WEST JEFFERSON — On June 15, 50 in-home aides took home a gourmet surprise along with other tokens of appreciation from Ashe Services for Aging, thanks in part to AARP’s NC Mountain Region.
In-home aides are rarely recognized for the difficult, sometimes lonely work they do, and AARP, in partnership with ASA, wanted to extend its thanks and appreciation.
A serendipitous chain of events had to happen to make this surprise a reality. It started several weeks ago when Alan Briggs, local AARP volunteer coordinator for Ashe and Watauga counties, and Rebecca Chaplin, associate state director of AARP NC in Mountain Region, talked to ASA’s executive director, Patricia Calloway and asked how they could provide some funds to help.
Calloway told them that one of their biggest challenges was staff morale and stress. The in-home aides were feeling especially isolated and anxious amid the global pandemic.
Several ideas were discussed from t-shirts, to gift certificates to a local restaurant to local chocolates.
“Who doesn’t feel special when they get a box of chocolates,” Chaplin said.
“Ultimately, we selected something that could both support the local economy and hopefully leave the staff feeling our love” Briggs said.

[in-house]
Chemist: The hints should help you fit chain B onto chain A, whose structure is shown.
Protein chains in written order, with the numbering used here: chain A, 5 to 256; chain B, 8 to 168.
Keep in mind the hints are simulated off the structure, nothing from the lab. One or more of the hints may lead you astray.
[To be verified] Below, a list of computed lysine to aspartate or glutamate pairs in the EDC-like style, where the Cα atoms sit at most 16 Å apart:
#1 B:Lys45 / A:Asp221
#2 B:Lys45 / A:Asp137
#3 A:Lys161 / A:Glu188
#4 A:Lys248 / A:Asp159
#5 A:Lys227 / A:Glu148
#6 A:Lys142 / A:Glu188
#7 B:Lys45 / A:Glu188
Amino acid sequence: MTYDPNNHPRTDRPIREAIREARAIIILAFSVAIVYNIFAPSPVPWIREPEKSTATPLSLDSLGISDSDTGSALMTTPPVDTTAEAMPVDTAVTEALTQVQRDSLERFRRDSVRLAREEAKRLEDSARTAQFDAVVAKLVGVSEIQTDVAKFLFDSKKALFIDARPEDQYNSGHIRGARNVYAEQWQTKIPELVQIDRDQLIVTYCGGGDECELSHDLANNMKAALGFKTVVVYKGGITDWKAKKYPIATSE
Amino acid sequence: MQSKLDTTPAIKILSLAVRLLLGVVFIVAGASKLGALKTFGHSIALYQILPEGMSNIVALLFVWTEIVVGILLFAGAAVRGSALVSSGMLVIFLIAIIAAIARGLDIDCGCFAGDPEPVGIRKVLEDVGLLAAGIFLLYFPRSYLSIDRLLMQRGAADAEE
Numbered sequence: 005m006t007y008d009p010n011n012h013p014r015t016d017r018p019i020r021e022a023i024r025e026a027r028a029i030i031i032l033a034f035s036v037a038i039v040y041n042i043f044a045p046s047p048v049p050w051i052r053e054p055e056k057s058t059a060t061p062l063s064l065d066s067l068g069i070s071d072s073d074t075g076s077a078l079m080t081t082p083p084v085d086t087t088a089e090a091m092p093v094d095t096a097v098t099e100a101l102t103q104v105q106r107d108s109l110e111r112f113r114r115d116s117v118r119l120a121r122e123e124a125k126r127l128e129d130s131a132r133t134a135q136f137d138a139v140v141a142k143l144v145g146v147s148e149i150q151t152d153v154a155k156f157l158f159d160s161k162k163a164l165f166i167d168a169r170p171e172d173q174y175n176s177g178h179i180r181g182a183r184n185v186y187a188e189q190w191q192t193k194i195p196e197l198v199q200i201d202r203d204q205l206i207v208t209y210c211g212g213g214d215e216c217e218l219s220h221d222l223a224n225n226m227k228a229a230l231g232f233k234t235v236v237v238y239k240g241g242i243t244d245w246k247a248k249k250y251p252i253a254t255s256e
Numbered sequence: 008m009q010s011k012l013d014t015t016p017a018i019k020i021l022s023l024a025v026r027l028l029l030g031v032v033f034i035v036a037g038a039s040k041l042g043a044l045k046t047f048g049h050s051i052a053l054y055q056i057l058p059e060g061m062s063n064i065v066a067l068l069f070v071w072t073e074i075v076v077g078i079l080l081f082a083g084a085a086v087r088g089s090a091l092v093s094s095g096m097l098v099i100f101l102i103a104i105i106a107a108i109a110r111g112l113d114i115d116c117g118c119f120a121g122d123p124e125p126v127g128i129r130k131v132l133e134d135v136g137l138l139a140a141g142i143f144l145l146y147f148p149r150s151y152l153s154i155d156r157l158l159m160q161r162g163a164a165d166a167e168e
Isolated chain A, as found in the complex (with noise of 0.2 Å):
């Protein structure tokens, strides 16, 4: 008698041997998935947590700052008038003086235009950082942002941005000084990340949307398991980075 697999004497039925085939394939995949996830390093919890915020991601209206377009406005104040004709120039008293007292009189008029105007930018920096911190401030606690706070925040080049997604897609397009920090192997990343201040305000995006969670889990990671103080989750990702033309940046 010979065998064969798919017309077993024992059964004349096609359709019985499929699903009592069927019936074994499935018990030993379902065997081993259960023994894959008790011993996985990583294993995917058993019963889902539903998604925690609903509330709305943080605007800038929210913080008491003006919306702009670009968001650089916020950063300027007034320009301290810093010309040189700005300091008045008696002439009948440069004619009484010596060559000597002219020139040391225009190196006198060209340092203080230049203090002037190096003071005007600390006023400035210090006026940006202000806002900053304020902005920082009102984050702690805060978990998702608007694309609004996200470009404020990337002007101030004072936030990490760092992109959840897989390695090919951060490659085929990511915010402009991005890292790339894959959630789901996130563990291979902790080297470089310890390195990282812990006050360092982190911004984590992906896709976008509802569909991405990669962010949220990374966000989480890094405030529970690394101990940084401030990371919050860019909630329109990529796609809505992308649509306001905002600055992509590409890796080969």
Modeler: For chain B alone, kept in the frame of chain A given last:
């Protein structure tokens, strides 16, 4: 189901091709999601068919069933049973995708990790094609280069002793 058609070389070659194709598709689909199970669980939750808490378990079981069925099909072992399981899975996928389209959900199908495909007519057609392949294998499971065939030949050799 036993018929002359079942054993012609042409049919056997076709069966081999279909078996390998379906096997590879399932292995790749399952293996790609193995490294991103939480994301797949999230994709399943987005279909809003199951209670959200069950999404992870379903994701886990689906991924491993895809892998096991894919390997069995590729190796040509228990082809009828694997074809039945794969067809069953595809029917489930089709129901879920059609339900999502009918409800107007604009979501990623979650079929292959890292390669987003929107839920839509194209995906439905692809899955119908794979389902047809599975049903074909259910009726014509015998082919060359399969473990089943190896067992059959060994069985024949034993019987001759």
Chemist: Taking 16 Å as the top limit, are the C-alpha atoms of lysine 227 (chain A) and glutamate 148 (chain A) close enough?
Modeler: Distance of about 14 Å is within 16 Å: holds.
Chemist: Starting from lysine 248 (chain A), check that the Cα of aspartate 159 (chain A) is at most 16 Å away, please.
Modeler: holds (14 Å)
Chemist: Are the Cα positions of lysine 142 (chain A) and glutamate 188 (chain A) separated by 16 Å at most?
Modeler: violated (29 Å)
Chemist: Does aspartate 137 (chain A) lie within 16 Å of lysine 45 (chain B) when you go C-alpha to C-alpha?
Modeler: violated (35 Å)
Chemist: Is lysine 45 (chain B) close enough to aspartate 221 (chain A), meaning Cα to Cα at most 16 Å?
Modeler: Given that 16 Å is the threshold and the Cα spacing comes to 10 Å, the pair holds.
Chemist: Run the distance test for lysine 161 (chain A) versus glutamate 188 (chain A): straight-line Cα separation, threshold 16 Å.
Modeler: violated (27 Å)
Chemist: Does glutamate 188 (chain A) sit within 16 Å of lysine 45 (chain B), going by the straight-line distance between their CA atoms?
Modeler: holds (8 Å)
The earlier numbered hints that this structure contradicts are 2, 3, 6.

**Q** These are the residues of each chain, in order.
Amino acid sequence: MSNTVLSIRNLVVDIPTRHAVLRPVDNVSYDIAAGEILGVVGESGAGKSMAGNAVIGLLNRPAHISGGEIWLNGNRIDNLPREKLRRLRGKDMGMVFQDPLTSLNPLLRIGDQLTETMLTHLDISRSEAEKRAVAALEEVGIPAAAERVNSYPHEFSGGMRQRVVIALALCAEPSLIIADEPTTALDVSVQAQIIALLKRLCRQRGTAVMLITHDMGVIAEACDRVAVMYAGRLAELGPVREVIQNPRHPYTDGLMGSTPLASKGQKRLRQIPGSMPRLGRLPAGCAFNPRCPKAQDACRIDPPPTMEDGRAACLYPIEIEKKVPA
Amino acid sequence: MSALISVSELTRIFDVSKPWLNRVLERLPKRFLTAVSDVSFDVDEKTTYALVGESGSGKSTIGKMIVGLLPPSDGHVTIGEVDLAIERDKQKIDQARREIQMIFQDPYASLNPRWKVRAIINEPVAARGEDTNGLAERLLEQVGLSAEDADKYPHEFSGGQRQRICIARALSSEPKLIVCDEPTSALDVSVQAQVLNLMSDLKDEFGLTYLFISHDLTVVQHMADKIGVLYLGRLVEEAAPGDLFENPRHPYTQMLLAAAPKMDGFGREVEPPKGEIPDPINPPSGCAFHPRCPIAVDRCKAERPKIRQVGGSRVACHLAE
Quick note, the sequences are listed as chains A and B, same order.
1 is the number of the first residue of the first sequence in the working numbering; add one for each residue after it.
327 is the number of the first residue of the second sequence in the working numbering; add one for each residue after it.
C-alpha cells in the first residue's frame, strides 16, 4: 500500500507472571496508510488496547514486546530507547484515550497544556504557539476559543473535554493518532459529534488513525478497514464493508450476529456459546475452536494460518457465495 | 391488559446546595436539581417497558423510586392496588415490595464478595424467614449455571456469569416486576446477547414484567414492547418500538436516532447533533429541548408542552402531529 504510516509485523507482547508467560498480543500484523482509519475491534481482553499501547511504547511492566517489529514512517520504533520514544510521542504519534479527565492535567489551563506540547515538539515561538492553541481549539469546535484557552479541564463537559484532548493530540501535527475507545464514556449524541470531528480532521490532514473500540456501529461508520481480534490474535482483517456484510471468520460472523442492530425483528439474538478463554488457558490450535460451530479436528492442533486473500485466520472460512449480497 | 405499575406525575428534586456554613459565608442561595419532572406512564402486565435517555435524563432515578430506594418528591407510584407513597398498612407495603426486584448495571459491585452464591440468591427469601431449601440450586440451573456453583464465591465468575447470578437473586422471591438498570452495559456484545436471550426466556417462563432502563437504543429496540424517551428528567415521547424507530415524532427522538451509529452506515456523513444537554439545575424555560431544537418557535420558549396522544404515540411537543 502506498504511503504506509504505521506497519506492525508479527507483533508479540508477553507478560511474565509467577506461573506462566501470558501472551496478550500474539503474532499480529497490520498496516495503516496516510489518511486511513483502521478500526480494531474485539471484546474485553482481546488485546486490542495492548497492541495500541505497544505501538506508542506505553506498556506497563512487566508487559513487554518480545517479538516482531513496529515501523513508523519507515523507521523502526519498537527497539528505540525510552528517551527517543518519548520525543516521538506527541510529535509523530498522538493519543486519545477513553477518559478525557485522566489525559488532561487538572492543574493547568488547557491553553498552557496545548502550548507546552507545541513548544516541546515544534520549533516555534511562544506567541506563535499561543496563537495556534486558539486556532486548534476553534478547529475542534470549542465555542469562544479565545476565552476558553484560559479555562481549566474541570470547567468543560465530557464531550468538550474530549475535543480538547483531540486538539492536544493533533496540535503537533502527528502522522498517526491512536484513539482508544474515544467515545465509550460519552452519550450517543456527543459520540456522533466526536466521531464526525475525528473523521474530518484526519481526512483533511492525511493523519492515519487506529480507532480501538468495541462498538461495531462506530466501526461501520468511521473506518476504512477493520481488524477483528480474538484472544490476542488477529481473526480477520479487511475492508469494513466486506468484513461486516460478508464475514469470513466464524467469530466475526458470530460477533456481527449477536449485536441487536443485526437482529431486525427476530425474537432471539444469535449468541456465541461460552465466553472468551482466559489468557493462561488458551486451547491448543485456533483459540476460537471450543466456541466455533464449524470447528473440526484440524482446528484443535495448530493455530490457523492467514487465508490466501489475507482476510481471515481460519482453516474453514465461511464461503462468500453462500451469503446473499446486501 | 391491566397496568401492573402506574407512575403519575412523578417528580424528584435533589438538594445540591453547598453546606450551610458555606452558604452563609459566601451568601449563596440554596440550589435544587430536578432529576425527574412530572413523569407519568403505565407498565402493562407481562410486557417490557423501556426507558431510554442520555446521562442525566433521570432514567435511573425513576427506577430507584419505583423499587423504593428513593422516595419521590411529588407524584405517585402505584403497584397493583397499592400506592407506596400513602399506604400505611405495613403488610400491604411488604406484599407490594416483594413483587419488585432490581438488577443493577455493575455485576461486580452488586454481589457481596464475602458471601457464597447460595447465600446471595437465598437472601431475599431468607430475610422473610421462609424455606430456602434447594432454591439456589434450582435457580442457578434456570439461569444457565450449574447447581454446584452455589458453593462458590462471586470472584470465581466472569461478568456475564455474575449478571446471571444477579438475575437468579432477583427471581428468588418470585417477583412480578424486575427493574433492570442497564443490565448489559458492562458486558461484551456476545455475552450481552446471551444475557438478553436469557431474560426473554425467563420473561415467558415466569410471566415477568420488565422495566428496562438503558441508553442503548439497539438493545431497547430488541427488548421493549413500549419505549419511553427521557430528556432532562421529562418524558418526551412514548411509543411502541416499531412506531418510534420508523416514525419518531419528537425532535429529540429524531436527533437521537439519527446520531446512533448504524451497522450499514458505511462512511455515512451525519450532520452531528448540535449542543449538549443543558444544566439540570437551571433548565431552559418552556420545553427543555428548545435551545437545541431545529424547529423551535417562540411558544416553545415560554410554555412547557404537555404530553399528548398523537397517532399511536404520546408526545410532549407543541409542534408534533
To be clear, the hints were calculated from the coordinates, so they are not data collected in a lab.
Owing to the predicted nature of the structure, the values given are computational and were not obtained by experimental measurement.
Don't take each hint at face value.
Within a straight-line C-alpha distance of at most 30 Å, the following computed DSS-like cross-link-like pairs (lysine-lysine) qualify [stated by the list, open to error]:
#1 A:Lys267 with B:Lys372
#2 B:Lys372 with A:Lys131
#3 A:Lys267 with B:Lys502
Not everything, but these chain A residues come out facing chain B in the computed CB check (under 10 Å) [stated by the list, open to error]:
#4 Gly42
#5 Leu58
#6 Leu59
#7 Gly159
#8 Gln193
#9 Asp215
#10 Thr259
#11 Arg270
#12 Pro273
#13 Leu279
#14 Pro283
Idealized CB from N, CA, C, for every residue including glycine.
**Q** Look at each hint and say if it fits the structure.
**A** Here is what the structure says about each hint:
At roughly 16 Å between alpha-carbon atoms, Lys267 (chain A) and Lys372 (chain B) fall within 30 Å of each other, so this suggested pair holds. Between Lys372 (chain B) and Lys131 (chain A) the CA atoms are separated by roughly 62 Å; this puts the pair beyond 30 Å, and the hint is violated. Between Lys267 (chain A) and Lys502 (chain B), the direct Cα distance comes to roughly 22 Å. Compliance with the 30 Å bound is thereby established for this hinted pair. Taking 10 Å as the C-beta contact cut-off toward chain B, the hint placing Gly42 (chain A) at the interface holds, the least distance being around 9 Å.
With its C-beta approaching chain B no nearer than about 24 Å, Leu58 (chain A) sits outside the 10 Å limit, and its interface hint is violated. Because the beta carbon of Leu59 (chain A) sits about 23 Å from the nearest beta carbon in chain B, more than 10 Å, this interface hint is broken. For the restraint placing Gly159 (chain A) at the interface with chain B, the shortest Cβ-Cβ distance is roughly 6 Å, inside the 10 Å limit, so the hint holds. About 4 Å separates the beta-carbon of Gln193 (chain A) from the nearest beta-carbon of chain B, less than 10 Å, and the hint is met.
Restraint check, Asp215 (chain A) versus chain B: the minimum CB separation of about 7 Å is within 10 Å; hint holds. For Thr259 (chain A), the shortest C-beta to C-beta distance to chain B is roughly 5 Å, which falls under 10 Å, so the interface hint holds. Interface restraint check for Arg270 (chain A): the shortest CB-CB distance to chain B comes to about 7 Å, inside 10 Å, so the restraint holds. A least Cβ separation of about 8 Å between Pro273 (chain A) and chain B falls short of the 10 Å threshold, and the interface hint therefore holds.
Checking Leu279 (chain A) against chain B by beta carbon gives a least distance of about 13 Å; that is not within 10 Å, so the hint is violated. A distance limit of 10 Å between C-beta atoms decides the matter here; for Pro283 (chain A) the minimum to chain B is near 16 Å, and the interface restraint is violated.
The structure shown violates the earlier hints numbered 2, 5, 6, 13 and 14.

Briggs called Ashe County resident Suzanne Clouzeau, owner/proprietor of Boone Chocolat.
Clouzeau, a Paris-trained chocolatier, was excited by the idea and was eager to help. Unfortunately, she had just lost access to the commercial kitchen where her high-end chocolates could set and crystallize, a process which takes 24 hours.
Briggs inquired about ASA’s kitchen which is still providing drive-through and home-delivered meals for older adults as well as the children onsite in the children’s daycare program. The kitchen was not being used on weekends.
After some negotiations, Calloway arranged for Clouzeau to be able to use the kitchen on a temporary basis on weekends. In exchange, she’s provided chocolates below the usual cost to AARP to reward in-home aides with a little taste of something they’d probably never buy for themselves.
“It took a lot of creative thinking, a lot of phone calls and a lot persistence by willing partners,” said Briggs, also an Ashe County resident.
A former lobbyist, Alan was instrumental in getting the chocolate deal done. No stranger to trade-offs and compromises, he can’t recall a more satisfying win-win.
“Talk about being in the right place at the right time,” he said. “ASA has built this amazing web of health and human services over the years, right here in our little county. Then COVID-19 comes along, making the need more urgent than ever, yet throwing so many obstacles in ASA’s path. Way too many Ashe seniors are feeling isolated, lonely, and anxious during this unusual time. Their in-home aides provide a real lifeline, and the county is so thankful for them. I was thrilled to help put this ‘sweet deal’ together. A great example of what makes us love Ashe County.”